Thursday, October 28, 2010
Thursday's Track: Mount Eerie "Between Two Mysteries"
This is a trial run for a potential new series in which I upload a track I like and write about it. If people are interested, let me know in the comments and I'll keep the series going. I hope that this series will elicit some conversation about the songs and artists chosen. Although this site will still always be primarily about film, I also enjoy writing about music and haven't done enough of it lately. The first entry in the series is dedicated to one of the most important songwriters of the last decade or so, Phil Elverum of the Microphones and Mount Eerie.
"Between Two Mysteries" is a key track on Mount Eerie's bleak masterpiece Wind's Poem, an album inspired by black metal, by David Lynch's Twin Peaks, and by singer Phil Elverum's year of living in an isolated cabin in the Scandanavian wilds. This song makes the Twin Peaks influence explicit by cleverly interpolating snatches of the droning, eerie melody from Angelo Badalamenti's music for that series. This unsettling tune is juxtaposed against a propulsive guitar figure and hints of vibraphone accents, while Elverum's hushed vocals drift atop the dense, layered music. Elverum has always been interested in nature, in the elements, writing his psychological and emotional trials onto the harsh, cold expanse of an unblinking, uninterested natural world. His lyrics often suggest humanity's encounter with the incomprehensibility of the universe, which is why towering mountains, purifying flames and icy winds recur again and again in his imagery. Here he sings: "The town rests in the valley beneath twin peaks, buried in space/ What goes on up there in the night?" The lyrics turn around such ambiguous questions and such charged images; the "twin peaks" might be mountains dwarfing a settlement, or they might be a proper noun referring to Lynch's warped rural landscape.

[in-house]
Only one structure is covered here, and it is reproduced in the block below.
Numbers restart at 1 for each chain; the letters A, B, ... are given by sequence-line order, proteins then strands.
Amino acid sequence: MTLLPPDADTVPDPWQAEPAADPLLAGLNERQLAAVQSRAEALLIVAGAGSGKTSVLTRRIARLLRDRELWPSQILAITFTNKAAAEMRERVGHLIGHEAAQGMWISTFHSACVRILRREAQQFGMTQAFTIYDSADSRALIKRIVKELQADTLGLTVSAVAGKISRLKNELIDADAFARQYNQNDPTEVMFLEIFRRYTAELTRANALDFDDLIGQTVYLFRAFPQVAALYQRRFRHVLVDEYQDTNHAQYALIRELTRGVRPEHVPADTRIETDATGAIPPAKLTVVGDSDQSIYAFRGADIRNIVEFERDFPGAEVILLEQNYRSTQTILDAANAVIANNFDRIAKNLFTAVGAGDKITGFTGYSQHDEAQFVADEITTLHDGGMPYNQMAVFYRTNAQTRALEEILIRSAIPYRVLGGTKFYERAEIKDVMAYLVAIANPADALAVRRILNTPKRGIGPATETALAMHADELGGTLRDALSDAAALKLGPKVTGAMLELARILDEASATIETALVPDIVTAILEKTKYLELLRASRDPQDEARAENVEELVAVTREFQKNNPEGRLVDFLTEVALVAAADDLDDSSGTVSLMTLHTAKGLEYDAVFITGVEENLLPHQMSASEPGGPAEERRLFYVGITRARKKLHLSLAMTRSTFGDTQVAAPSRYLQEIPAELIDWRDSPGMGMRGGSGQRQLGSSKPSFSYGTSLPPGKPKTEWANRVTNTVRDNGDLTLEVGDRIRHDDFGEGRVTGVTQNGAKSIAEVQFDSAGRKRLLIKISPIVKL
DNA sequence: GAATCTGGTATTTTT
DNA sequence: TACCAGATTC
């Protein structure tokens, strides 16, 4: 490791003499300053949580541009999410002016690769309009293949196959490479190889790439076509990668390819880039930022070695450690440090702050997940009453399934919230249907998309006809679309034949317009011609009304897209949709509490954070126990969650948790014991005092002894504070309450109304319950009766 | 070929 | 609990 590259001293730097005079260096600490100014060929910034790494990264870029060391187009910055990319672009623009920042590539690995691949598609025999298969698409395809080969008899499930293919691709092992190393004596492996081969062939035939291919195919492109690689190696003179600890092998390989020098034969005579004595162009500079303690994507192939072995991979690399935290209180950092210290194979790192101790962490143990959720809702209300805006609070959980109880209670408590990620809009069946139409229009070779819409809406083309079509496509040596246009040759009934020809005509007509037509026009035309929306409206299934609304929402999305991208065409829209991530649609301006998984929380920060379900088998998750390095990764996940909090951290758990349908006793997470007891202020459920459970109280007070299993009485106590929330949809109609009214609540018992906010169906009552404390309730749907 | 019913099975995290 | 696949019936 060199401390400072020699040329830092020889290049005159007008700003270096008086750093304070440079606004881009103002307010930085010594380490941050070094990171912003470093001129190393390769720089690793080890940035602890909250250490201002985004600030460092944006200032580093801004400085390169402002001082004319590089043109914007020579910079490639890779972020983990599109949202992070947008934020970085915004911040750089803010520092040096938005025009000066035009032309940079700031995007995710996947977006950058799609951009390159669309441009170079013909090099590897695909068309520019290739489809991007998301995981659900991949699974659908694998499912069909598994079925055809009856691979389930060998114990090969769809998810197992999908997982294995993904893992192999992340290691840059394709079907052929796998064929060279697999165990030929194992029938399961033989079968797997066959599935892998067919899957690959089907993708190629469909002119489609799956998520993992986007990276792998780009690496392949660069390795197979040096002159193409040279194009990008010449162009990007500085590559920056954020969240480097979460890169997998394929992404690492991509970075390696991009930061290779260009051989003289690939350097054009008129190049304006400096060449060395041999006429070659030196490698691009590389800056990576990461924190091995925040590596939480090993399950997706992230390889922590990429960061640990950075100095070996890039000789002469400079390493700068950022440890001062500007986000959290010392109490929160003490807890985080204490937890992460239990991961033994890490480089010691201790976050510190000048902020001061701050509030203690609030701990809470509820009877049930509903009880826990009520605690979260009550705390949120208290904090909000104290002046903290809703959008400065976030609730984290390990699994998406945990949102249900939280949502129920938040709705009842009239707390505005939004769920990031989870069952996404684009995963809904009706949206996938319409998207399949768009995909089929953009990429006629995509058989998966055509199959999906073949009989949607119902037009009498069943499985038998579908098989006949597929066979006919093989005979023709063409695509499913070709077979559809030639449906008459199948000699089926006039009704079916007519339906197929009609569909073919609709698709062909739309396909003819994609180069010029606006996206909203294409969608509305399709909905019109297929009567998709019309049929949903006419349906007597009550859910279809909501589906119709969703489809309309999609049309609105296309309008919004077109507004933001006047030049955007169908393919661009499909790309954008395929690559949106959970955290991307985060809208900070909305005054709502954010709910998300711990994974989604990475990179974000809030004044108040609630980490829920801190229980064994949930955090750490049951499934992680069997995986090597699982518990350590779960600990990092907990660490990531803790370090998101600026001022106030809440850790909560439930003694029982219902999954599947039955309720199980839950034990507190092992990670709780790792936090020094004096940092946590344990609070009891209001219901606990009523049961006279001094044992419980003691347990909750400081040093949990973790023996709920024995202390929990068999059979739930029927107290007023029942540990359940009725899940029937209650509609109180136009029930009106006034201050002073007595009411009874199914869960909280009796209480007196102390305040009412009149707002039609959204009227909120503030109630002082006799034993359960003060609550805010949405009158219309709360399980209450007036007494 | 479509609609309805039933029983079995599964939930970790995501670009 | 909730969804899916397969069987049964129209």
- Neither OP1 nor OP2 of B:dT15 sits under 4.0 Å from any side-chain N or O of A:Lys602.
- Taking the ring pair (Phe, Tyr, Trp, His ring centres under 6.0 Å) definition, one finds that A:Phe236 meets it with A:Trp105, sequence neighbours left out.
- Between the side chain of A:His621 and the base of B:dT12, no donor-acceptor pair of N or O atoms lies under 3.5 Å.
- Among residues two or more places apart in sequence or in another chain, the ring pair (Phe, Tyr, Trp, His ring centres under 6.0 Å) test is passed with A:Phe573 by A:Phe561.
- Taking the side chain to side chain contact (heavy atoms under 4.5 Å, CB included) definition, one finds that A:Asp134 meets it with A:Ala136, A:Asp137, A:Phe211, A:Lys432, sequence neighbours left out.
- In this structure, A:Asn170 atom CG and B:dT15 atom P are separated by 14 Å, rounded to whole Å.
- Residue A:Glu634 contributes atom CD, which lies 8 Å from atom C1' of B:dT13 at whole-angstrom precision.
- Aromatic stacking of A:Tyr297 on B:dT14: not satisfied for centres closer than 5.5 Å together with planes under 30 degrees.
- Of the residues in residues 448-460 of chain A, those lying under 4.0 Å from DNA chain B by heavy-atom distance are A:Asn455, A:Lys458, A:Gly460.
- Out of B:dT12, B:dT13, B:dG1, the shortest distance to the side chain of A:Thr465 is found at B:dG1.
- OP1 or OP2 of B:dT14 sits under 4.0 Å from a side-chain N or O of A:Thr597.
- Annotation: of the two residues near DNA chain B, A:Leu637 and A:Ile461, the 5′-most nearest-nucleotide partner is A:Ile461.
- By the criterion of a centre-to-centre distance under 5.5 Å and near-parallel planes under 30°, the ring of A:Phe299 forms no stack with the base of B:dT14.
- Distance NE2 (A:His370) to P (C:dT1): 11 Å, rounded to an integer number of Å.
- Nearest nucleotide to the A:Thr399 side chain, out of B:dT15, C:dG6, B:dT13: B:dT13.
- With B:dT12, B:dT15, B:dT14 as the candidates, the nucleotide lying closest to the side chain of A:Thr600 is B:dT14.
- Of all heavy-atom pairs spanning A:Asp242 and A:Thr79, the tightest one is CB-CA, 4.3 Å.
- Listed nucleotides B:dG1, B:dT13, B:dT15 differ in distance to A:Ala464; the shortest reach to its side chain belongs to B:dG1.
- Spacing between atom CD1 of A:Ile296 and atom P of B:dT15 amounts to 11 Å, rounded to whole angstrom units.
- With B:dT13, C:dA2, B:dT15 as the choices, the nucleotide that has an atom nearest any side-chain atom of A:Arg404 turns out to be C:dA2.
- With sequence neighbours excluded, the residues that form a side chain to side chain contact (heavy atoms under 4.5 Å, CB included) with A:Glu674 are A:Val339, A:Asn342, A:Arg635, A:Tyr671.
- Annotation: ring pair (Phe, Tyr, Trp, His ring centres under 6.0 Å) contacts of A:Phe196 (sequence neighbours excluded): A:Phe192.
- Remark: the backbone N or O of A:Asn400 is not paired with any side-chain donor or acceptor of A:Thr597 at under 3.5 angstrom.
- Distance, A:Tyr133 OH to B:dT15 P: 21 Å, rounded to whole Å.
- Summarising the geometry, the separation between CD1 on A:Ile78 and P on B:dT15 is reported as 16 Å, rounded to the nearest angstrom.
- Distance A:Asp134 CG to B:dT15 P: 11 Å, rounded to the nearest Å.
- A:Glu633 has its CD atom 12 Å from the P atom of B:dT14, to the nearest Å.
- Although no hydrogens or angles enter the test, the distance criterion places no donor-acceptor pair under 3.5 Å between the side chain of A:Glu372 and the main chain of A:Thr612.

This song, a delicate gem positioned amidst the at-times blistering assault of Wind's Poem as a whole, evokes sonically as well as lyrically that fragile beacon of civilization nestled within the chilly wilderness. Other songs on this album use waves of ferocious guitar distortion to evoke the roar and rage of the wind, buffeting Elverum's murmuring voice until he seems lost and afraid. "Between Two Mysteries" suggests a shelter from the storm, a respite from nature's awe-inspiring fearsomeness, even if that foreboding hum underpinning everything hints at darker ideas. For this reason, the song works best in the context of Wind's Poem as a whole, and I'd recommend that anyone who likes this song should certainly check out the full album. But even in isolation, this is a remarkable example of Elverum's rich, allusive, deeply affecting songwriting.